Mike Anderson, Deseret News
If there's a silver lining in the cloud of pollution hanging over the valley, it's that it becomes impossible to deny the toxins we're putting into the atmosphere — not just in January and February when we can physically taste them, but continuously throughout the year. For me, days of inversion also provide an unsettling object lesson. I find myself changing my routine from things I'd naturally do as a way of compensating for the poisonous surroundings. I can easily see how our living planet could be struggling to do the same. Our way out is to take personal responsibility to pollute less, to support scientists and entrepreneurs in their exploration of clean energy and to demand the same from elected leadership.
- Why one Mormon man left Hollywood to be a...
- George F. Will: President Obama's epiphanies...
- Dan Liljenquist: Detroit is sending a message...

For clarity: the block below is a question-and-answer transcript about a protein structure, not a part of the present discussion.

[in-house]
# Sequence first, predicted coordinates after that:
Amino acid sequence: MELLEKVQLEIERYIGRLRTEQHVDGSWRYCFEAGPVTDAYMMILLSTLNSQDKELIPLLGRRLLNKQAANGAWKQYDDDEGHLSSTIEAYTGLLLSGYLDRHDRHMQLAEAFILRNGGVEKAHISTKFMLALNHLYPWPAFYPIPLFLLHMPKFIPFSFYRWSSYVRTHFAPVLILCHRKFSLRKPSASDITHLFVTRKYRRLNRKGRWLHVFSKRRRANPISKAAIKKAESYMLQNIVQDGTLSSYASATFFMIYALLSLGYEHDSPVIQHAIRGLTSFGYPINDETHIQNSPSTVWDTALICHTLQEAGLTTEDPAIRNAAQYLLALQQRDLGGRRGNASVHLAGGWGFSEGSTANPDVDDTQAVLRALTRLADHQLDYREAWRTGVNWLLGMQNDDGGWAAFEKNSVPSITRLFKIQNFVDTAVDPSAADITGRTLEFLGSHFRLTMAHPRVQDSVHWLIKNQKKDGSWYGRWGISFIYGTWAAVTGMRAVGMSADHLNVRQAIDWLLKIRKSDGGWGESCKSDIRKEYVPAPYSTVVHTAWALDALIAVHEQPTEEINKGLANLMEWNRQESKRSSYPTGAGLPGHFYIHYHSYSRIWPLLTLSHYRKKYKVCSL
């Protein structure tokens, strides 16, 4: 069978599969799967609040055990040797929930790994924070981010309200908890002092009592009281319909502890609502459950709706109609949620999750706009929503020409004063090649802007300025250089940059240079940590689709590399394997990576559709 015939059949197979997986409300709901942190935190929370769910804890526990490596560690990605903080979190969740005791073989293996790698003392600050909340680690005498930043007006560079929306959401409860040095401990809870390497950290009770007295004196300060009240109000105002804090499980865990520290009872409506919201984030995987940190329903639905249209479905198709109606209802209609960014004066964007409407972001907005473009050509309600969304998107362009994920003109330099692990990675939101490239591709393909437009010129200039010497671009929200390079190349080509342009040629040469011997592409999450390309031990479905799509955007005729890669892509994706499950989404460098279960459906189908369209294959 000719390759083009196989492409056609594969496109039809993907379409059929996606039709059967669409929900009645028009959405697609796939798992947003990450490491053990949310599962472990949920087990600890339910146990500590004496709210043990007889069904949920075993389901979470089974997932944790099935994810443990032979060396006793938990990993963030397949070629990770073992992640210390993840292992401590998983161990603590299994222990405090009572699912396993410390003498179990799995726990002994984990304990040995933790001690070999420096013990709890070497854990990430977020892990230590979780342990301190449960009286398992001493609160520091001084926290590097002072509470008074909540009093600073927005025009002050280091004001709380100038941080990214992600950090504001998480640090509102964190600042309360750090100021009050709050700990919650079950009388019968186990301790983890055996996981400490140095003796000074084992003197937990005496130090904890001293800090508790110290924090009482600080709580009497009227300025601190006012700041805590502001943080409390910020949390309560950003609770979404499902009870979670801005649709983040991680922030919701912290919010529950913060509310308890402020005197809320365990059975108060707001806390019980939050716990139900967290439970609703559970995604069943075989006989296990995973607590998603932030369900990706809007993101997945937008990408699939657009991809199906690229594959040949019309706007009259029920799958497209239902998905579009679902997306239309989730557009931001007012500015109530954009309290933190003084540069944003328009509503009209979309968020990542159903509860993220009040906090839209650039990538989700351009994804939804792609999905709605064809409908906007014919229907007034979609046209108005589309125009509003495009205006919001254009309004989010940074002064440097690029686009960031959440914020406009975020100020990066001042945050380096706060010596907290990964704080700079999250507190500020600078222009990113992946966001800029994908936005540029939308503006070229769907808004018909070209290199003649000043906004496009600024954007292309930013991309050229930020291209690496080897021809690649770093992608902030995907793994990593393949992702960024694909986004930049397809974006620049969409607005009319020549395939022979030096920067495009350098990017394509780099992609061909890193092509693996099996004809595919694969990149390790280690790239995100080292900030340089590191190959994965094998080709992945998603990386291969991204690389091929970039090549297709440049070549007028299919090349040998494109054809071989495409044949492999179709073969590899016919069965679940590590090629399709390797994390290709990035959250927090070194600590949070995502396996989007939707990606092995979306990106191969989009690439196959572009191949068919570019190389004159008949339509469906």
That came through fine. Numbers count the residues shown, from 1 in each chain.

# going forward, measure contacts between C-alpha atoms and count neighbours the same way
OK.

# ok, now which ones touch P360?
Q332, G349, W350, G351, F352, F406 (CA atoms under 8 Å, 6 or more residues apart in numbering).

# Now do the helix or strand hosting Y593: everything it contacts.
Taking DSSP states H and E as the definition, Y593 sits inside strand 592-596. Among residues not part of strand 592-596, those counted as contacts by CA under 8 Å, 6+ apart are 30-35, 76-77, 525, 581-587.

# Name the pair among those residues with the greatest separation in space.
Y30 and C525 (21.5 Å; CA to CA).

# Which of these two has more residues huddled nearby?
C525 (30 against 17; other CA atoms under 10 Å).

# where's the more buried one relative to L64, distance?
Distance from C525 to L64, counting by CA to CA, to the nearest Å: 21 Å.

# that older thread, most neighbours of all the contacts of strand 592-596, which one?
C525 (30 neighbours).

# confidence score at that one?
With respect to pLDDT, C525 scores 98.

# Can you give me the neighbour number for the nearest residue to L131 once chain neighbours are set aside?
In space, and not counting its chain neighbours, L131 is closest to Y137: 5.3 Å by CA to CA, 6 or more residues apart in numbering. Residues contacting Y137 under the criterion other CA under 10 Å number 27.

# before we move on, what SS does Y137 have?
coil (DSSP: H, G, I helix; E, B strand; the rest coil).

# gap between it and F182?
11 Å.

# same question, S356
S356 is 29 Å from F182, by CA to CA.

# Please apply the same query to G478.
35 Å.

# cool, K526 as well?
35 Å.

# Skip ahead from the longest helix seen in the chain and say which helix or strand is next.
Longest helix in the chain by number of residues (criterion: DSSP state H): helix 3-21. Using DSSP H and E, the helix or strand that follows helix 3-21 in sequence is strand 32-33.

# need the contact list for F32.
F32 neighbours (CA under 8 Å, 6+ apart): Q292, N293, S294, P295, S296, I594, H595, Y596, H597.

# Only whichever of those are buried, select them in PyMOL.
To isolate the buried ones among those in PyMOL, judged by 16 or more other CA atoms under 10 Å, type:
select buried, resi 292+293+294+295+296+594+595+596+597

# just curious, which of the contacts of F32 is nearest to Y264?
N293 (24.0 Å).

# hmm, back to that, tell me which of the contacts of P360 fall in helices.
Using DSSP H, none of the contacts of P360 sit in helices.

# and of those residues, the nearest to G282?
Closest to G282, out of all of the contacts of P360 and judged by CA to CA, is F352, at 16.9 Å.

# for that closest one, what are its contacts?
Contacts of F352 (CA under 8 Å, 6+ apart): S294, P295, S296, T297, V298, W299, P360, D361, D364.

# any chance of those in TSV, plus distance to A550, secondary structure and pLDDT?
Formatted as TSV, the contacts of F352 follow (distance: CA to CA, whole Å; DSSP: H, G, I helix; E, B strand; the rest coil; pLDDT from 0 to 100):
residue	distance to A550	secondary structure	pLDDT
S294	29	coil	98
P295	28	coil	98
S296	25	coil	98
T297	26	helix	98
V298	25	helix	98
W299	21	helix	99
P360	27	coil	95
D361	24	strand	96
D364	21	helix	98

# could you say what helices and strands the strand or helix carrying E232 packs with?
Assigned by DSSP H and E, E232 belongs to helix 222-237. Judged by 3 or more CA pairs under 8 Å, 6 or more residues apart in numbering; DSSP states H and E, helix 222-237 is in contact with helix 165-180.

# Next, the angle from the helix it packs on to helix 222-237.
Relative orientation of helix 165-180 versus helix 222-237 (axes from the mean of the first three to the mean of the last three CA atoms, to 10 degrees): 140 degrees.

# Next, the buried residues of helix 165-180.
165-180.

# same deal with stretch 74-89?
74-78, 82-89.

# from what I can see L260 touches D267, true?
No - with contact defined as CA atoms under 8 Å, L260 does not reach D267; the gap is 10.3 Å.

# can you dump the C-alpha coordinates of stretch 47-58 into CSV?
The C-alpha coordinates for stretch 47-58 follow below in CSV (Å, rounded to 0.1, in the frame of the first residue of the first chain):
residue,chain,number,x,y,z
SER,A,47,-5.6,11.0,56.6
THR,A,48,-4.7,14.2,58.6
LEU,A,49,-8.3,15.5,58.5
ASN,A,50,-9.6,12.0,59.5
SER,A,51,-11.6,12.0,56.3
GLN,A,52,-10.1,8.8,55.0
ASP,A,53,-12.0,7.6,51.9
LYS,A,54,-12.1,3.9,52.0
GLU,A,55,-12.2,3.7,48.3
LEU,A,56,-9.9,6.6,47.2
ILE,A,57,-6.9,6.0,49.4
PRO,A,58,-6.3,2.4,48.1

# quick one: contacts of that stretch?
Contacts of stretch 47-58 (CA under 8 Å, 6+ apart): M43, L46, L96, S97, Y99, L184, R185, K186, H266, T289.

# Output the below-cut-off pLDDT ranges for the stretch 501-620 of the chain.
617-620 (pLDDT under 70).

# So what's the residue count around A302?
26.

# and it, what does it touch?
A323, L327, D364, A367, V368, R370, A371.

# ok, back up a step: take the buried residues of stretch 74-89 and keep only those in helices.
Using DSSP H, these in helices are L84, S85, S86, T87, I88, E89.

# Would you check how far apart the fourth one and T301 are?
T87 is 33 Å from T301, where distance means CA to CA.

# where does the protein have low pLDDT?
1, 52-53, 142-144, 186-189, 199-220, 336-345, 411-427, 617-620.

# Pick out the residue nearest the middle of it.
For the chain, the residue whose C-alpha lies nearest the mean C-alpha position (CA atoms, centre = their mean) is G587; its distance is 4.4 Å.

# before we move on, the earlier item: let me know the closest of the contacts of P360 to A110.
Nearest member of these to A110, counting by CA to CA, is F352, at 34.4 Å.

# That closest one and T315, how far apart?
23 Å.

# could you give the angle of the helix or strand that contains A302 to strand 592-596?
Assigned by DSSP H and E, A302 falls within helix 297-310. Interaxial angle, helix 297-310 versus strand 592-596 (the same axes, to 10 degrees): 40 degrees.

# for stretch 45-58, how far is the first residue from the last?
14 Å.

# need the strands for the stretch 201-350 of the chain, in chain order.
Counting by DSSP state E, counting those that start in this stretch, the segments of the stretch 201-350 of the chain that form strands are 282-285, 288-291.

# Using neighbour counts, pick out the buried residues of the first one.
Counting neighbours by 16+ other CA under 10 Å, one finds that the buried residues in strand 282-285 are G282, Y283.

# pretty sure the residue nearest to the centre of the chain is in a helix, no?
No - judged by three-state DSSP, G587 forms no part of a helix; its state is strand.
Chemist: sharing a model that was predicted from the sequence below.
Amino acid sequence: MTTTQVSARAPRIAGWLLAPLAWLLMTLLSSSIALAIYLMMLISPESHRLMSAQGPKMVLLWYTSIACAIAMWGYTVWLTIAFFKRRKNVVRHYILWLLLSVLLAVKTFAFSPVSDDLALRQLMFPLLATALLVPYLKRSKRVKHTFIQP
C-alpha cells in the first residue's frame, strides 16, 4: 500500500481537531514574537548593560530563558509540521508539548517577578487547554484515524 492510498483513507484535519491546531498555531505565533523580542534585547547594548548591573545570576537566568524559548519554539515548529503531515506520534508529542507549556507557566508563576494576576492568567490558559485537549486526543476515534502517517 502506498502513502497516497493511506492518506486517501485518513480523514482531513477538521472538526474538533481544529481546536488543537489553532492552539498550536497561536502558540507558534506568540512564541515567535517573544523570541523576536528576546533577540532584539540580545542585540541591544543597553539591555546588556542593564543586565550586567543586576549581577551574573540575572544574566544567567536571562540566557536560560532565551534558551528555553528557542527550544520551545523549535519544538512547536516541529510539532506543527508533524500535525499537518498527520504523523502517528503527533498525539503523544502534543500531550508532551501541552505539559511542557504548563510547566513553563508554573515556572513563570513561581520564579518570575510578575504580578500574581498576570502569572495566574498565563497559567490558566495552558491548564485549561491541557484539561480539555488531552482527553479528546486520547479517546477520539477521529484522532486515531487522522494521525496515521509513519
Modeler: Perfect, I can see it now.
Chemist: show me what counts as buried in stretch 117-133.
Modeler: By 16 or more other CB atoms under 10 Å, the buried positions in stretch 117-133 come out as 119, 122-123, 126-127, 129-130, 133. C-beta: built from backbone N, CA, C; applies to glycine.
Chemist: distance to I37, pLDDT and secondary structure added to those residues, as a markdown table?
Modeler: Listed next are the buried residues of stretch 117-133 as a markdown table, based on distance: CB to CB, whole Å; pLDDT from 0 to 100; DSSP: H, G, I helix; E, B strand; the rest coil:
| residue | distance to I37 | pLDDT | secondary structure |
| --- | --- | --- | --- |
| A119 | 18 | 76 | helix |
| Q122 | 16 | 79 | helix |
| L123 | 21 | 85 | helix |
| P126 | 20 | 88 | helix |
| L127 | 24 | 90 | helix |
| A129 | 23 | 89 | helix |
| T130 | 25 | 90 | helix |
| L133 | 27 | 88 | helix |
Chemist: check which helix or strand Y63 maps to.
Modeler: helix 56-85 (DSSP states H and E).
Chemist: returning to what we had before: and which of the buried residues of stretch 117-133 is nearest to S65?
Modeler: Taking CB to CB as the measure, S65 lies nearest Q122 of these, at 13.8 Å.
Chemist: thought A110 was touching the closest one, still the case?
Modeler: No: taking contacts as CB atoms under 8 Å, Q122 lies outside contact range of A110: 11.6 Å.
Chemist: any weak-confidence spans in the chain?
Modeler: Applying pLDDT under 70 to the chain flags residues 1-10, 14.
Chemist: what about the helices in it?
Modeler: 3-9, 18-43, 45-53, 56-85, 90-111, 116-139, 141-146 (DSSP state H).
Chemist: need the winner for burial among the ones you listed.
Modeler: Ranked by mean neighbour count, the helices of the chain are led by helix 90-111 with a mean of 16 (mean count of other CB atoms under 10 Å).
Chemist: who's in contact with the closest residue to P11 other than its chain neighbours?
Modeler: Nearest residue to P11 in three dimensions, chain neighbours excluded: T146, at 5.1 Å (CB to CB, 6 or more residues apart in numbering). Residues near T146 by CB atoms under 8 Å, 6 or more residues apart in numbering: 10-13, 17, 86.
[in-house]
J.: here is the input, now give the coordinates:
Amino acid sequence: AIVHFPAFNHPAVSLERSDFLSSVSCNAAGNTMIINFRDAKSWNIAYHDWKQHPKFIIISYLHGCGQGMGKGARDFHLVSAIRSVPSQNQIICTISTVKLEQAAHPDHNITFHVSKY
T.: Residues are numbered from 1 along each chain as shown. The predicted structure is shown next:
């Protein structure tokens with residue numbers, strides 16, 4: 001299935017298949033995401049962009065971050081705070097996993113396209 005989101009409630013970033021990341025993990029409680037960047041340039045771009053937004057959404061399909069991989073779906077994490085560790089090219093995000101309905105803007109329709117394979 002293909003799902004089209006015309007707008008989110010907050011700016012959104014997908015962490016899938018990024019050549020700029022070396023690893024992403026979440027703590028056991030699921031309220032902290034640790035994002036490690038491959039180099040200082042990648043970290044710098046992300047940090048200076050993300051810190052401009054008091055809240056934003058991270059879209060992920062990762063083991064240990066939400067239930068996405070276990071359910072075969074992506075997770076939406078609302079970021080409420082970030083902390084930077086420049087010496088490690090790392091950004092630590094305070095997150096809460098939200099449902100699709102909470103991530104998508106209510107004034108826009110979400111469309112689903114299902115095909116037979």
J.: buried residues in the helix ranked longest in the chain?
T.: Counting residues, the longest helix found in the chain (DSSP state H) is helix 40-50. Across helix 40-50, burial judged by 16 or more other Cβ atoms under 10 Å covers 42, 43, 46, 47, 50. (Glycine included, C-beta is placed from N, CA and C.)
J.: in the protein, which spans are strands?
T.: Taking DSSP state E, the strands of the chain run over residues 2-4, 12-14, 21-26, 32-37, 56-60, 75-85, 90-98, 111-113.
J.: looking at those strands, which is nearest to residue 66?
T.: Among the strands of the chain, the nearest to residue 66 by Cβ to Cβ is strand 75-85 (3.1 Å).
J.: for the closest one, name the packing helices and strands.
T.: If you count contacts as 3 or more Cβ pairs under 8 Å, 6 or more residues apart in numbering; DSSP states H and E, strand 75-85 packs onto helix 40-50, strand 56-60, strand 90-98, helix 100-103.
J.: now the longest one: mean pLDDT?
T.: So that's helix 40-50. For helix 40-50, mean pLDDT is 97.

- Jay Evensen: Utah inversions — 100...
- My view: Non-discrimination laws have a problem
- In our opinion: Refinery should be allowed to...
- Letter: American billionaires
- In our opinion: No more 'Government Motors'
- In our opinion: Don't raise the minimum... 65
- My view: Fix Obamacare, don't replace it 63
- Robert Bennett: Create wealth before... 44
- Andrew Morriss: No, Congress should not... 42
- Letter: American billionaires 33
- Can Mandela's legacy revive the GOP? 32
- In our opinion: No more 'Government... 32
- President should not act without... 28